Our labor  movement now faces a fateful choice: either rewrite history and place all the  blame on the Republicans for the cuts taking place, while calling for continued  support for the president and the Democratic Party to protect our cherished  benefits; or take an independent path and spearhead building a broad, massive  movement capable of mobilizing millions, including occupying the nation’s  Capitol if that becomes necessary, to defeat those hellbent on placing the  burden of the economic crisis and austerity on the backs of the working class  and the great majority, including beneficiaries of safety net programs that tens  of millions depend on for their survival.

 The Rutgers  Conference

It is in this  context that we urge the trade union movement to endorse the conference  scheduled for Rutgers University in New Brunswick, New  Jersey, on May 10-12, 2013. Any union endorsing this  conference is free to send as many representatives as it  wishes.

The  conference is co-sponsored by two labor organizations: the South Central  Federation of Labor, Wisconsin and the South Carolina AFL-CIO. Its  stated purpose is “to explore how we in labor can most effectively mount an  independent fightback action campaign based on such united front demands as  putting America back to work; preserving and  expanding safety net programs based on No Cuts, No Concessions, No Shared  Sacrifice; Medicare for All; retirement security; and redirecting war spending  to fund human needs.” The “Open Letter to Concerned Trade Unionists” announcing  the Rutgers conference is  below.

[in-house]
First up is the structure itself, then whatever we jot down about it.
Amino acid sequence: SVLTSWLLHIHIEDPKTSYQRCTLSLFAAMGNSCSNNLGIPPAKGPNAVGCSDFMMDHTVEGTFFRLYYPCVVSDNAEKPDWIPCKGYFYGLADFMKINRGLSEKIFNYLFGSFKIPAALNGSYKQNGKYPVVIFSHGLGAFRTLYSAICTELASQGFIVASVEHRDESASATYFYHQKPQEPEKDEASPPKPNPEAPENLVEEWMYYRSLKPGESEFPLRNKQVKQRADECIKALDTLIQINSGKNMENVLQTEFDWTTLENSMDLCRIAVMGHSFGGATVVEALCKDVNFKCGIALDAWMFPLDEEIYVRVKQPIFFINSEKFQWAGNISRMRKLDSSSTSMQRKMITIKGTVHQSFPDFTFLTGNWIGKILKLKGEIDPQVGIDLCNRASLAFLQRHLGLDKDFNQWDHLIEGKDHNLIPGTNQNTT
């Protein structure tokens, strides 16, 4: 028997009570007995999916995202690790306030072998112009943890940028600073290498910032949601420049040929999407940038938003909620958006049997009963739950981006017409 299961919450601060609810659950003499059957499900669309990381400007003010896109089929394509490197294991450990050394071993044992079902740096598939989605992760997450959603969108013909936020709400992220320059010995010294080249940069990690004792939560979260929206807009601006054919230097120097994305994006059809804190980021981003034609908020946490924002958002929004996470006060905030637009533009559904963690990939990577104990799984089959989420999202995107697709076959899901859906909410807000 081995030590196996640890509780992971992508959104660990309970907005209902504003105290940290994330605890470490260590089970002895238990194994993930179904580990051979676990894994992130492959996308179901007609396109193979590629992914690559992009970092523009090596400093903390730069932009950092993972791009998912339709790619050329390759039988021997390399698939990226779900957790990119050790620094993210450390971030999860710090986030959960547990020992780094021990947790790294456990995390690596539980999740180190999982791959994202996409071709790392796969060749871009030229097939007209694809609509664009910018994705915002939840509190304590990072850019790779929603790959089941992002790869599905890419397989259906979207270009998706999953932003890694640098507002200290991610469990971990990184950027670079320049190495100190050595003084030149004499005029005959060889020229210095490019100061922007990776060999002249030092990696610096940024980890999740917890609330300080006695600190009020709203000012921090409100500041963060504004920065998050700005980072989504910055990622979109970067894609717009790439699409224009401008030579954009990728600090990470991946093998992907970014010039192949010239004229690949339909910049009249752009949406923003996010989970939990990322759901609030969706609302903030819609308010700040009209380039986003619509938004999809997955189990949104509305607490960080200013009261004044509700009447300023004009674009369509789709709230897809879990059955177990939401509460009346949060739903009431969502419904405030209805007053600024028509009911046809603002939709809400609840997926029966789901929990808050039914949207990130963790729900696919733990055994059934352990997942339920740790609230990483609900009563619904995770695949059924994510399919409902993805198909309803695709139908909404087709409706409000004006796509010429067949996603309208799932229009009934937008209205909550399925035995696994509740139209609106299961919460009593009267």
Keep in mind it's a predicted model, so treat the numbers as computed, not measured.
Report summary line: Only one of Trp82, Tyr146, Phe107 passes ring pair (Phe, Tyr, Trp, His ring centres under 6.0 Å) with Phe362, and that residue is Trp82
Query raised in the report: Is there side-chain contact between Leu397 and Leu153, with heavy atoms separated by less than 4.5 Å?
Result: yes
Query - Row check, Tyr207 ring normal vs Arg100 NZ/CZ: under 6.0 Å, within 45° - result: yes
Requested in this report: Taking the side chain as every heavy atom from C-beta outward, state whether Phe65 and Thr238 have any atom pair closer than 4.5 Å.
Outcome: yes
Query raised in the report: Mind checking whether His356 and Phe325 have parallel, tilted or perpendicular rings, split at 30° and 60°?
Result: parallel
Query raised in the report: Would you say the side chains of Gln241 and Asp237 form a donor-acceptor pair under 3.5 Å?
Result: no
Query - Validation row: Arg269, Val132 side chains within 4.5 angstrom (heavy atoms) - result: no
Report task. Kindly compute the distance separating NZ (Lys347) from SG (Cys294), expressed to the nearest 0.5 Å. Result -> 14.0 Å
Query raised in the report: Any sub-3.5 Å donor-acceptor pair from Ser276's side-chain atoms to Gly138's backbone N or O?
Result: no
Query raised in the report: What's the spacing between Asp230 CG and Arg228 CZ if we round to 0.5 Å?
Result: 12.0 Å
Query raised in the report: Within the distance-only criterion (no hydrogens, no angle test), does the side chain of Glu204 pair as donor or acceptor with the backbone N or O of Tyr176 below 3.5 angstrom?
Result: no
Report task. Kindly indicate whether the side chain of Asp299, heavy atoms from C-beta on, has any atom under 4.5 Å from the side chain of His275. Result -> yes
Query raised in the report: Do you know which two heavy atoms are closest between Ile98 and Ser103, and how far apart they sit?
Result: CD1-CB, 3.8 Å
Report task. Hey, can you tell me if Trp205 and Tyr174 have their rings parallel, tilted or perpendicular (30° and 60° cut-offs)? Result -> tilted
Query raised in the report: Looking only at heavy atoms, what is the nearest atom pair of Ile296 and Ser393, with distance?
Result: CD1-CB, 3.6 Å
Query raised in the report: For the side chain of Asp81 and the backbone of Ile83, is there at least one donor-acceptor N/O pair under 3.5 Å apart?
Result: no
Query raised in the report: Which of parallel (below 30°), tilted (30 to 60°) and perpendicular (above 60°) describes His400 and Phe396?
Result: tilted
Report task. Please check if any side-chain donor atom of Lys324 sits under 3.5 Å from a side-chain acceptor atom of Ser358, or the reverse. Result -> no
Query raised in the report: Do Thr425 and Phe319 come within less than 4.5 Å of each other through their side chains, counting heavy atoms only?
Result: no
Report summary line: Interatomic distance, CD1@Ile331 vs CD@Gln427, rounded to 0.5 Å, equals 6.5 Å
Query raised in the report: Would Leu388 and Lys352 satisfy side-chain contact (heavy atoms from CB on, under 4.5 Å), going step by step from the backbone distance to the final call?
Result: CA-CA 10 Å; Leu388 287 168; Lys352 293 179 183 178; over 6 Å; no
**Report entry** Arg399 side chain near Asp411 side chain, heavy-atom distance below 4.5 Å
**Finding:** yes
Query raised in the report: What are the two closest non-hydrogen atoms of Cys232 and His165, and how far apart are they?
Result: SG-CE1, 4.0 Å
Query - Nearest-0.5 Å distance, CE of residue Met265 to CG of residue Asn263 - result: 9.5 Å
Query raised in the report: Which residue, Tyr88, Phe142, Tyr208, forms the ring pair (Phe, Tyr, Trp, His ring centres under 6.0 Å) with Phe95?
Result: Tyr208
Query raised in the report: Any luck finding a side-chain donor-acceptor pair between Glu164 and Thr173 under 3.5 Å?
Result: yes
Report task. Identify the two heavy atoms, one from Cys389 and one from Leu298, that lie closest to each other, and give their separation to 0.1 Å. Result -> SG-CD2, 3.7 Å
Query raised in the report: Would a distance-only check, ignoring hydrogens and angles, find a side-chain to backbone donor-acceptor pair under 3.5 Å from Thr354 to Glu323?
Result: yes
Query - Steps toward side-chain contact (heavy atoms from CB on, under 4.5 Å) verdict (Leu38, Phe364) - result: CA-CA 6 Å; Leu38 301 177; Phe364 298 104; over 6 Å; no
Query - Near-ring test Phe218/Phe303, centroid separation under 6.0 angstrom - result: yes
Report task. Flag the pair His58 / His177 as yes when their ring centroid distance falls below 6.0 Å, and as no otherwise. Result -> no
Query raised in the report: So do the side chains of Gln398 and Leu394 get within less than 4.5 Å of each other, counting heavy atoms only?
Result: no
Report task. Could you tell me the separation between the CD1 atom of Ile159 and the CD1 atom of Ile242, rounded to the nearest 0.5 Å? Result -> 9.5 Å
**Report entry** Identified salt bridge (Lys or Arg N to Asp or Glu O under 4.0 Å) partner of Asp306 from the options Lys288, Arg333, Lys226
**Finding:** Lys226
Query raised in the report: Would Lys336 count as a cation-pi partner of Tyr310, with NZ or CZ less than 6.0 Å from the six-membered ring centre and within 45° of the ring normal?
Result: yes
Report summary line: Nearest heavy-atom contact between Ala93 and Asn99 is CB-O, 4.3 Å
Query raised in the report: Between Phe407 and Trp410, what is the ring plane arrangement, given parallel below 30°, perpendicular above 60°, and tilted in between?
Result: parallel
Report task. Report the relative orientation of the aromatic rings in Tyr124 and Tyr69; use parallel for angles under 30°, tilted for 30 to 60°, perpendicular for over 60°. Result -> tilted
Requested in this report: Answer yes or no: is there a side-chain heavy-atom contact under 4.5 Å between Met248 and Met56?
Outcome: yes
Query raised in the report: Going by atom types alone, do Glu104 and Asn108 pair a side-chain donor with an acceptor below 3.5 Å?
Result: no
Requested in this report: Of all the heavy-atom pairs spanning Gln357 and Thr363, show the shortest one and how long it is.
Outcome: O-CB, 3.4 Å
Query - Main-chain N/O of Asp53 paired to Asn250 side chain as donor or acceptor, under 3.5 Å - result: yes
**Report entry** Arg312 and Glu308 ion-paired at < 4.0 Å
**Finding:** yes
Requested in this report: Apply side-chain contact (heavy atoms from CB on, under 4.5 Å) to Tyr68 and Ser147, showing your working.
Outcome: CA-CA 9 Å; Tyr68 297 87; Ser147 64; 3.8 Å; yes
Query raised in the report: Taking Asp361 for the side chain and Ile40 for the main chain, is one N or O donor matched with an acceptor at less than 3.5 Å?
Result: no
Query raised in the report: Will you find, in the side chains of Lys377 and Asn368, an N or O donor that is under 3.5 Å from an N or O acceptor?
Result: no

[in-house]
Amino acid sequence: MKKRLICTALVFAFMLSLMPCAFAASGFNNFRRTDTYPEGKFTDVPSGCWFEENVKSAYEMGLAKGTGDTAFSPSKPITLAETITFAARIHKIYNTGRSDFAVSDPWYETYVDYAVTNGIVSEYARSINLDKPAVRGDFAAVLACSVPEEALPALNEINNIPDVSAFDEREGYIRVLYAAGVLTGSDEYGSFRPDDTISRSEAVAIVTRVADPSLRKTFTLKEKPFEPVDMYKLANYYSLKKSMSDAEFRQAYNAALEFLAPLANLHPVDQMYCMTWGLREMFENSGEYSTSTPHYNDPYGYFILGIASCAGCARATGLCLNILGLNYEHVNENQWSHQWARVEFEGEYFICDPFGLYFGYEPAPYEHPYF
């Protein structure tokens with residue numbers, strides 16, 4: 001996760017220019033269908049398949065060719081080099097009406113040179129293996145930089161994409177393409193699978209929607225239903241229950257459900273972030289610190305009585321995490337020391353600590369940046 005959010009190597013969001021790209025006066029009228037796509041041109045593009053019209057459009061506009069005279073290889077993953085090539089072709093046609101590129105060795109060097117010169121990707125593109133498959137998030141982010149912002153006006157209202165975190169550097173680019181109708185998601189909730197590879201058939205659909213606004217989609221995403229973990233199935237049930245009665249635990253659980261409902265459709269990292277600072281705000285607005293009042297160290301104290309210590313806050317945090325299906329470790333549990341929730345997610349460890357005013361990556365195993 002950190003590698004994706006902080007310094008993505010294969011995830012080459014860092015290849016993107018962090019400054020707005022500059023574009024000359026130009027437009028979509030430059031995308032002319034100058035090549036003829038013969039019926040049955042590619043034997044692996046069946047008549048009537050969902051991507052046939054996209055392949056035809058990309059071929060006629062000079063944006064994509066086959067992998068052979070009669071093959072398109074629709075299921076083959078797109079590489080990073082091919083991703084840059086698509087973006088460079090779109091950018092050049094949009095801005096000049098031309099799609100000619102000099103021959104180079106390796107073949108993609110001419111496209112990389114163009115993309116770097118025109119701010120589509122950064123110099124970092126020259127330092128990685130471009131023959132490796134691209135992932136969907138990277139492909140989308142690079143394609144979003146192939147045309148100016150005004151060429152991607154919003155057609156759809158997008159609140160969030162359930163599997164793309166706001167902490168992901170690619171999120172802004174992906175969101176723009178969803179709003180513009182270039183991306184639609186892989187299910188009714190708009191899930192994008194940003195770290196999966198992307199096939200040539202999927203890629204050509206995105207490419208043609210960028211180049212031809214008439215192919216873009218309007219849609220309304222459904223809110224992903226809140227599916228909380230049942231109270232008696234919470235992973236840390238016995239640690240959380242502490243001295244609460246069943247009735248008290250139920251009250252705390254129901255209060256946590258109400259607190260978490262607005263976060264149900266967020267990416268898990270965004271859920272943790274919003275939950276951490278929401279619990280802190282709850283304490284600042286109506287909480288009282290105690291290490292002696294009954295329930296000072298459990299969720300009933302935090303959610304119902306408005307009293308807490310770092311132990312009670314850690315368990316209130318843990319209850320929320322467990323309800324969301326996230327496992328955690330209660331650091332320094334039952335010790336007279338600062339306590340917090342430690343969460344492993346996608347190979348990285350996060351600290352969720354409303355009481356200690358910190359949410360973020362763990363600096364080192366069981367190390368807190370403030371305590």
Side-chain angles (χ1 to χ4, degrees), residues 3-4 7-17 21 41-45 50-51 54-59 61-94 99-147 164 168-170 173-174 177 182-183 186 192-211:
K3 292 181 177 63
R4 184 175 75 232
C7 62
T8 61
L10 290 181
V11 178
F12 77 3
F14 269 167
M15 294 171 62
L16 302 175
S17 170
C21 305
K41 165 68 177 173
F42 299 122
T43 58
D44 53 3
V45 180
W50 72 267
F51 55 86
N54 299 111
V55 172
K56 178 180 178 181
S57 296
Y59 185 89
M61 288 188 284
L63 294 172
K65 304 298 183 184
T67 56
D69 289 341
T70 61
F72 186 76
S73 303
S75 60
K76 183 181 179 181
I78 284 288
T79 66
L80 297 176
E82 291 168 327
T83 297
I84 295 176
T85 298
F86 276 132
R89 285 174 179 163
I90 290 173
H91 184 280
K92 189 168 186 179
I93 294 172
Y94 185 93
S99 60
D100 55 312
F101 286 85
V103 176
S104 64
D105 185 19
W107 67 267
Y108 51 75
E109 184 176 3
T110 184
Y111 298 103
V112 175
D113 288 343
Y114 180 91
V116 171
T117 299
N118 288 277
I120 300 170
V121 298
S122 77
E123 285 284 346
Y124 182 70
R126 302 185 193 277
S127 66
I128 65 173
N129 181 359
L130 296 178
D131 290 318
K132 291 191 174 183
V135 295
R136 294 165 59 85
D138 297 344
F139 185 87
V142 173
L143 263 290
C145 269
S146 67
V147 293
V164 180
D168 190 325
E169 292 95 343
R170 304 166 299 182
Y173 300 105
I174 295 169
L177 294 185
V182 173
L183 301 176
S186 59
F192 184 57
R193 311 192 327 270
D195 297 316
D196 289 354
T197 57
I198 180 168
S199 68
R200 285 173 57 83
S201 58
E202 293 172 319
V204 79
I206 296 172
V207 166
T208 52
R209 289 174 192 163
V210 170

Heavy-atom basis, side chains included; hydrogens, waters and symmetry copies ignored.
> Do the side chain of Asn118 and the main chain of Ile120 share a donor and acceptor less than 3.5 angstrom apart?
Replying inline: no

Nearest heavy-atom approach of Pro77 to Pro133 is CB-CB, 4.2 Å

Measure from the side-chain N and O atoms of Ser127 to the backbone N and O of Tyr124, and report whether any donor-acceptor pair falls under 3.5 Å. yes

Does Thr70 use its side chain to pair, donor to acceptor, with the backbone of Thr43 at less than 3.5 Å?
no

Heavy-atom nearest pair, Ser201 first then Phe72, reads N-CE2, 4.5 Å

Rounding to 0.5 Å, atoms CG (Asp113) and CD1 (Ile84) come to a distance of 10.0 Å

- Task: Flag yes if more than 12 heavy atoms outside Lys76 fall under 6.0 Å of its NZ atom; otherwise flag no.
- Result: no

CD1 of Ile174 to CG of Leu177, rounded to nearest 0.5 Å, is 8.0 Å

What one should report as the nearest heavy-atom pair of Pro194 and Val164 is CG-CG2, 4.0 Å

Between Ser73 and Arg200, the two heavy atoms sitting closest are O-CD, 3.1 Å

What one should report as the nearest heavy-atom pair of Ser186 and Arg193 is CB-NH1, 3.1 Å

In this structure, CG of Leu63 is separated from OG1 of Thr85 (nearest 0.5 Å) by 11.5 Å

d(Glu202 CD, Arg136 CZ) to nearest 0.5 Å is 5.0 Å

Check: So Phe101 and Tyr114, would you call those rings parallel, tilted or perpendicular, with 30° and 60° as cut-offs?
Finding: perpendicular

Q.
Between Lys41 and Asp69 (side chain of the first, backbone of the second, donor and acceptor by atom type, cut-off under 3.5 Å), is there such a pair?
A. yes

This is a  watershed moment in the life of the labor movement and the nation. Let’s rise to  the challenge, recognizing that if we do not, we face the prospect of further  damaging setbacks down the road. We have the numbers and the power to avert such  defeats, but only if we mobilize to do so.

Issued  by the Emergency Labor Network (ELN)

For  more information write emergencylabor@aol.com or P.O. Box 21004, Cleveland, OH44121 or call 216-736-4715 or visit our website at www.laborfightback.org. Donations  gratefully accepted. Please make checks payable to the ELN and mail to the above  P.O. Box.

One comment

  1. I have a hard time believing the Obama administration made a “miscalculation”. The only military spending affected is nonessential civilian positions that actually provided needed jobs to the communities where they’re located. I have heard no talk of real cuts in bases, hardware or theaters of operation. This was all pre-calculated and premeditated by the ones who pull the POTUS’s strings and make him dance.